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Know the rules before you leave

On the same note, travel requires more prep work than ever before since the rules around testing, vaccination, and open or closed borders are evolving quickly. Wherever you are traveling, make sure you are aware of the destination protocols, says Shawnta Harrison, the co-founder of the Association of Black Travel Professionals. Whether it’s domestic or international, each destination may have a different entry requirement, she says.

A real-life example: In July 2020, a negative COVID-19 test was required within ten days of travel for visiting Jamaica. But when Harrison revisited Jamaica in March, a negative COVID-19 test was required within three days of travel. It’s best to check the official government website for any place you’re thinking of venturing, since even some states have strict entry rules.

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Shift your mindset from fearful to positive

The pandemic has taught us plenty of hard lessons, but perhaps one of the most life-changing is appreciating our health and our loved ones. It’s also been a crash course in managing our expectations, since an unpredictable world means a great chance for disappointment. Still, as Booth reminds us, it also presents the opportunity to pivot our mindset to seek the silver linings.

“Maybe you had your heart set on a safari in Africa, but there’s no reason to be bummed about having to make a local trip instead,” she says. “We’ve been cooped up so long. Every freedom-feeling outing is worth celebrating and cherishing.”

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Don’t delay—but look for flexibility

If you have a saved folder on Instagram full of dreamy travel destinations but you haven’t pulled the plug, this is your nudge to start the process ASAP. As luxury travel advisor at travel planning company CIRE Travel Esther Klijn shares, the world is buzzing with hope, and people are setting their sights big. “Hotels are booking up—and not just for summer,” she says. “We’re already seeing a lot of bookings for the festive season. You may want to start thinking about your holiday plans now, too.”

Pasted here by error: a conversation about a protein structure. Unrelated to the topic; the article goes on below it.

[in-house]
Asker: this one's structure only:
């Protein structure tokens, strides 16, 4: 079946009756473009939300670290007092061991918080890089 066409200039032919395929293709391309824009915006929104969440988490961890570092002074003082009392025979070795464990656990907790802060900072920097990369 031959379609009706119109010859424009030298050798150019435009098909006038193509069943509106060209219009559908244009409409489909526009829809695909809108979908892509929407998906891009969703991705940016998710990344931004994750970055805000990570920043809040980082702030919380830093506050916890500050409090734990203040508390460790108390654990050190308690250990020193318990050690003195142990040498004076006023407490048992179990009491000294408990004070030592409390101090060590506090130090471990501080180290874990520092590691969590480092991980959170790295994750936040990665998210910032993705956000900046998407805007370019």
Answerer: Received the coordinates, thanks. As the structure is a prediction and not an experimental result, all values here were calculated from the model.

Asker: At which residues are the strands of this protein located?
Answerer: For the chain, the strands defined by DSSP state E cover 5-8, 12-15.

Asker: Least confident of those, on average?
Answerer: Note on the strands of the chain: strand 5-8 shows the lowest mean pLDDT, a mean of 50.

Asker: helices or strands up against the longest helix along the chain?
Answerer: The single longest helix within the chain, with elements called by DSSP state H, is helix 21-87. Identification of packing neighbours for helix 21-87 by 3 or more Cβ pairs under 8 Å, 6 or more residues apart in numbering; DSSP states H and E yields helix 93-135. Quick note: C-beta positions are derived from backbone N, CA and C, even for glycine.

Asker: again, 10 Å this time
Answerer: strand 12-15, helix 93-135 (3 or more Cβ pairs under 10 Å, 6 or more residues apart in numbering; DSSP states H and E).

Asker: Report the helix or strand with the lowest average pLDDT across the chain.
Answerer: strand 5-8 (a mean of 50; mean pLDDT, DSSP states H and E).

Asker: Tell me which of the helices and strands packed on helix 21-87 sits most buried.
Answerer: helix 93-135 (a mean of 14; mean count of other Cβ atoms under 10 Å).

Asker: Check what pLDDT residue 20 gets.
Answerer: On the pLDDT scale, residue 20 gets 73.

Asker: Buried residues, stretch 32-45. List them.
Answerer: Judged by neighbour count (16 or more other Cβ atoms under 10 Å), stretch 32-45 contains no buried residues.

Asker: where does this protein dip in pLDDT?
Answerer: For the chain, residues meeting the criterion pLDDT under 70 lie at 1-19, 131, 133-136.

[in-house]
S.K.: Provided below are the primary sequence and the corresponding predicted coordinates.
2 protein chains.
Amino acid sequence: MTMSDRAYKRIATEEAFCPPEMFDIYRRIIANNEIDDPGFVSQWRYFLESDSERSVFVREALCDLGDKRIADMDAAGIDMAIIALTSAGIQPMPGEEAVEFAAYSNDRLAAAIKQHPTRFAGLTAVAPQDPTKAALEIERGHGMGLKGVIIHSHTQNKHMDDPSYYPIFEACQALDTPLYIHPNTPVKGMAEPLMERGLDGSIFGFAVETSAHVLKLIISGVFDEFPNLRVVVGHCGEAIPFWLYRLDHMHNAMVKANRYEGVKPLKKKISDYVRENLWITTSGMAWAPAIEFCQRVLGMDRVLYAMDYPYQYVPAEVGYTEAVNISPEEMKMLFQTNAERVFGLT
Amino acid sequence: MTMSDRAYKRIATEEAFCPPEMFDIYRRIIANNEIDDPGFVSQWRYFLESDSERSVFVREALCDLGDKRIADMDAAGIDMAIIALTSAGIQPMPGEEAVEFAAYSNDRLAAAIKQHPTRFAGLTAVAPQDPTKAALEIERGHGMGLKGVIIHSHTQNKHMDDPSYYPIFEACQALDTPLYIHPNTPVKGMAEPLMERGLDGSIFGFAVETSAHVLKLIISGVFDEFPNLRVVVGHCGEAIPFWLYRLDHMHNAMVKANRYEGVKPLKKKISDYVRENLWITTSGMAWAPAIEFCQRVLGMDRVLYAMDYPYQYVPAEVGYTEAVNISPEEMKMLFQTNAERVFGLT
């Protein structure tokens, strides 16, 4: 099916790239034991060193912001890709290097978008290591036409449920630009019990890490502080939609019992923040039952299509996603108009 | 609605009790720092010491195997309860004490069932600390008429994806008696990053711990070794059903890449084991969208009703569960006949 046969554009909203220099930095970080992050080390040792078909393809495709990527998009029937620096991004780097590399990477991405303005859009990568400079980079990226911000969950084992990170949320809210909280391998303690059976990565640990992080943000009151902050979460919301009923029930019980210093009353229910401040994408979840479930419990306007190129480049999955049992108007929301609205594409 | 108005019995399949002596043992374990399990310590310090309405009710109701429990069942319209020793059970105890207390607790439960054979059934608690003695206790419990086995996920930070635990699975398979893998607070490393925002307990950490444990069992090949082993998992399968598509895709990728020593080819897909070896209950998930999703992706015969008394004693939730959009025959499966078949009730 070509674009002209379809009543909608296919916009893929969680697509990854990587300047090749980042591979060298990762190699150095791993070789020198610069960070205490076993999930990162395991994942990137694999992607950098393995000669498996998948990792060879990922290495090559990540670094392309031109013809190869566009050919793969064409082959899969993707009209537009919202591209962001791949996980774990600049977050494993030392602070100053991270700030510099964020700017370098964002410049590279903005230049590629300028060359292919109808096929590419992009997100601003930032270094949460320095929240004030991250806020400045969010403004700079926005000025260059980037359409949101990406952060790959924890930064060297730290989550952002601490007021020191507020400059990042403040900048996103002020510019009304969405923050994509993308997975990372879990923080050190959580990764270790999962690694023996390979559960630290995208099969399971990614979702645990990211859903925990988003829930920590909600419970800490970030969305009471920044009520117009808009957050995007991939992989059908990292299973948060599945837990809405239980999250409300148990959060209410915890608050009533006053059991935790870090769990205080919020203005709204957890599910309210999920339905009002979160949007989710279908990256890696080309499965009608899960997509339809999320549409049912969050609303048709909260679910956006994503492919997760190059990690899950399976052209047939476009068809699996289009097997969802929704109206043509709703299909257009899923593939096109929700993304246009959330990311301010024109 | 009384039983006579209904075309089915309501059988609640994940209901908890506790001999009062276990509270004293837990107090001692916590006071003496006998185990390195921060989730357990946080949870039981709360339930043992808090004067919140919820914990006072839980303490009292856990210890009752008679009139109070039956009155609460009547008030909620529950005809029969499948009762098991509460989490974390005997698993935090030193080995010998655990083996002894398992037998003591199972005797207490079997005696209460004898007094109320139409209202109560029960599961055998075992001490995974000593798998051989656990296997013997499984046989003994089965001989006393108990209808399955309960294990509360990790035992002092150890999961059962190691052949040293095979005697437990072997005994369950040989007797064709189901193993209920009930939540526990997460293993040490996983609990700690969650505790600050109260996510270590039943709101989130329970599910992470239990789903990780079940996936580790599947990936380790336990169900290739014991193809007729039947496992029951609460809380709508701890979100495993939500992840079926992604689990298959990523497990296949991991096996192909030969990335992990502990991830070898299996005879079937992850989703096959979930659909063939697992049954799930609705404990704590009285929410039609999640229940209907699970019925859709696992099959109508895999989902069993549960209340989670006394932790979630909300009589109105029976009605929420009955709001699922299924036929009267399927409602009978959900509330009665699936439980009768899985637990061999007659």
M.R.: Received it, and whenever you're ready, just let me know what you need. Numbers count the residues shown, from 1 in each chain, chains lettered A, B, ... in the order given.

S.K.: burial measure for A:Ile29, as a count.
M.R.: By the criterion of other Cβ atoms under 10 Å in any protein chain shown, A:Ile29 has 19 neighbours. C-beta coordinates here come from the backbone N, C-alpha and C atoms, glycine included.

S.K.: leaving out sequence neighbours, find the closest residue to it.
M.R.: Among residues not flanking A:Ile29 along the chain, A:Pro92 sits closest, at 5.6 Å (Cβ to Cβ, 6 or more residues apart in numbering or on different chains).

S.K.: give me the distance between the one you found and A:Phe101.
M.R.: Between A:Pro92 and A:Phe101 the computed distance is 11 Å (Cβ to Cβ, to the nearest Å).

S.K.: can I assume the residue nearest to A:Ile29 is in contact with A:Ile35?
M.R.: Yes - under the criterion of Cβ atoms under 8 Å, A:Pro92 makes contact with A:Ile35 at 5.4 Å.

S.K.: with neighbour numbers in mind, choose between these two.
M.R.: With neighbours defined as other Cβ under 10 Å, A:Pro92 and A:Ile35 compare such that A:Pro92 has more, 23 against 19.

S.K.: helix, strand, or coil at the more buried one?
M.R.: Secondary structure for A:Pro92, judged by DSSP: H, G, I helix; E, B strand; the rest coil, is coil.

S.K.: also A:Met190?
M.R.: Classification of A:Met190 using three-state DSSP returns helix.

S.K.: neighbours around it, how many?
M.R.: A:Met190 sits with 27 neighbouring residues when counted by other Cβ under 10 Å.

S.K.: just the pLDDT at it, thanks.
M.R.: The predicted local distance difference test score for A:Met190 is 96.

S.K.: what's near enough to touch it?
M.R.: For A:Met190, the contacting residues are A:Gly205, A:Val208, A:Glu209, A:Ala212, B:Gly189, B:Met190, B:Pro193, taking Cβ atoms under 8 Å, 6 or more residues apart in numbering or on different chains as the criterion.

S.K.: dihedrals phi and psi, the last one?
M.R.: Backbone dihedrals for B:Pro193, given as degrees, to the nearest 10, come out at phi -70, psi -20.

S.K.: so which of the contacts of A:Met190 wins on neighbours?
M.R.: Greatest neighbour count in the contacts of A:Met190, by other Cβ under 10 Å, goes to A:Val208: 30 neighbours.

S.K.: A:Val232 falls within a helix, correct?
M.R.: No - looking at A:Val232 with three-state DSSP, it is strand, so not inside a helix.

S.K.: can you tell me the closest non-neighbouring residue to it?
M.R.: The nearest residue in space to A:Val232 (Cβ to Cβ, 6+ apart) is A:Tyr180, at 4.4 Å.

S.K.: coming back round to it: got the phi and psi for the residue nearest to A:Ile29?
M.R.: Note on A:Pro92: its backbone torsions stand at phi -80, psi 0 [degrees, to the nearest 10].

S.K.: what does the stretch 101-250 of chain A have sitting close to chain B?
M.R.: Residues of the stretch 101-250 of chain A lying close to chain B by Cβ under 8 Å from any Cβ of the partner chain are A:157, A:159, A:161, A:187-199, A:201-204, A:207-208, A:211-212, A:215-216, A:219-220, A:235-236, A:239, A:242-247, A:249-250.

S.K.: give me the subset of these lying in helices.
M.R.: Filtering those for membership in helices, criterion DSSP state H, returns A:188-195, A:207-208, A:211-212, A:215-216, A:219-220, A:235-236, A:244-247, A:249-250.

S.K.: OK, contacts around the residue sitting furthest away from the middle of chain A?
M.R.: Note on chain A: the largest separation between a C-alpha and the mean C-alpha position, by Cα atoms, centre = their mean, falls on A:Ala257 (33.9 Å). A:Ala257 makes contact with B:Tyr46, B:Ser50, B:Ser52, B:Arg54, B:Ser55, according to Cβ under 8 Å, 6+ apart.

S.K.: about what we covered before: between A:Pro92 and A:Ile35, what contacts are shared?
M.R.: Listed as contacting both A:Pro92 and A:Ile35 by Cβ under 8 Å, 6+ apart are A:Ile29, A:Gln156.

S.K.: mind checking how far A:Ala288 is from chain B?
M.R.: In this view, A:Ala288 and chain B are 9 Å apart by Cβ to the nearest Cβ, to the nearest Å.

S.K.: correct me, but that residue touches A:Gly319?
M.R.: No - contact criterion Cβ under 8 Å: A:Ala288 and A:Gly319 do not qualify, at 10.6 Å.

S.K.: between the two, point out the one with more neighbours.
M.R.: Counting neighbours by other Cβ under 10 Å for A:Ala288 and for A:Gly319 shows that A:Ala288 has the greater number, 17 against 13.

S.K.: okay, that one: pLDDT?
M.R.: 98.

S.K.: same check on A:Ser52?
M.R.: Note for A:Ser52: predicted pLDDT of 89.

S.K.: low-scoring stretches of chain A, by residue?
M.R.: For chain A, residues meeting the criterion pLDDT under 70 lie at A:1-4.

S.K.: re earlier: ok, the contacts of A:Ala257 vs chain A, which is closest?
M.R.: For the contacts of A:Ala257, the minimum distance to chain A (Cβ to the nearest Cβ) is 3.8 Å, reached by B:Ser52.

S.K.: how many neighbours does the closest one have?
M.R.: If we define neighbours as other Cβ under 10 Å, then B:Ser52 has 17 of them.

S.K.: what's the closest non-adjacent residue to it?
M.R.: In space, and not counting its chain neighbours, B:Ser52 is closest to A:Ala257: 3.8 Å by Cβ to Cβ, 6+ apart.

Still practice some precaution and practicality when you’re booking, since nothing is for sure quite yet, says Vered Schwarz, the president and chief operating officer of Guesty, a property management platform. Most airlines have waived their change fees if you need to switch out a flight for a later date, but Airbnbs, vacation rentals, and hotels could be stricter with their policies.

“Travelers need to know that if circumstances outside of their control impact their travel plans, they won’t be financially impacted,” Schwarz says. “This is why when booking accommodations—whether at an Airbnb or a traditional hotel—they’re going to largely expect flexible cancellation policies in which they can nix their reservation at the very last moment, given varying lockdowns and city restrictions.”

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Savor new sights, sounds, and smells

There’s no way around it: travel won’t be as it once was for a long time. And that has to be OK if you still have wanderlust running through your veins. Rather than wishing for the same experience, encourage yourself to slow down and take it all in. As Nathan says, there will be new sights, new sounds, new smells, and new experiences, no matter where (or when) you go.

“Be present in a new place. You may have been looking at little but the inside of your house for the past year and travel stimuli can be overwhelming,” she says. “Ground yourself at the moment and appreciate the sensations you have missed.”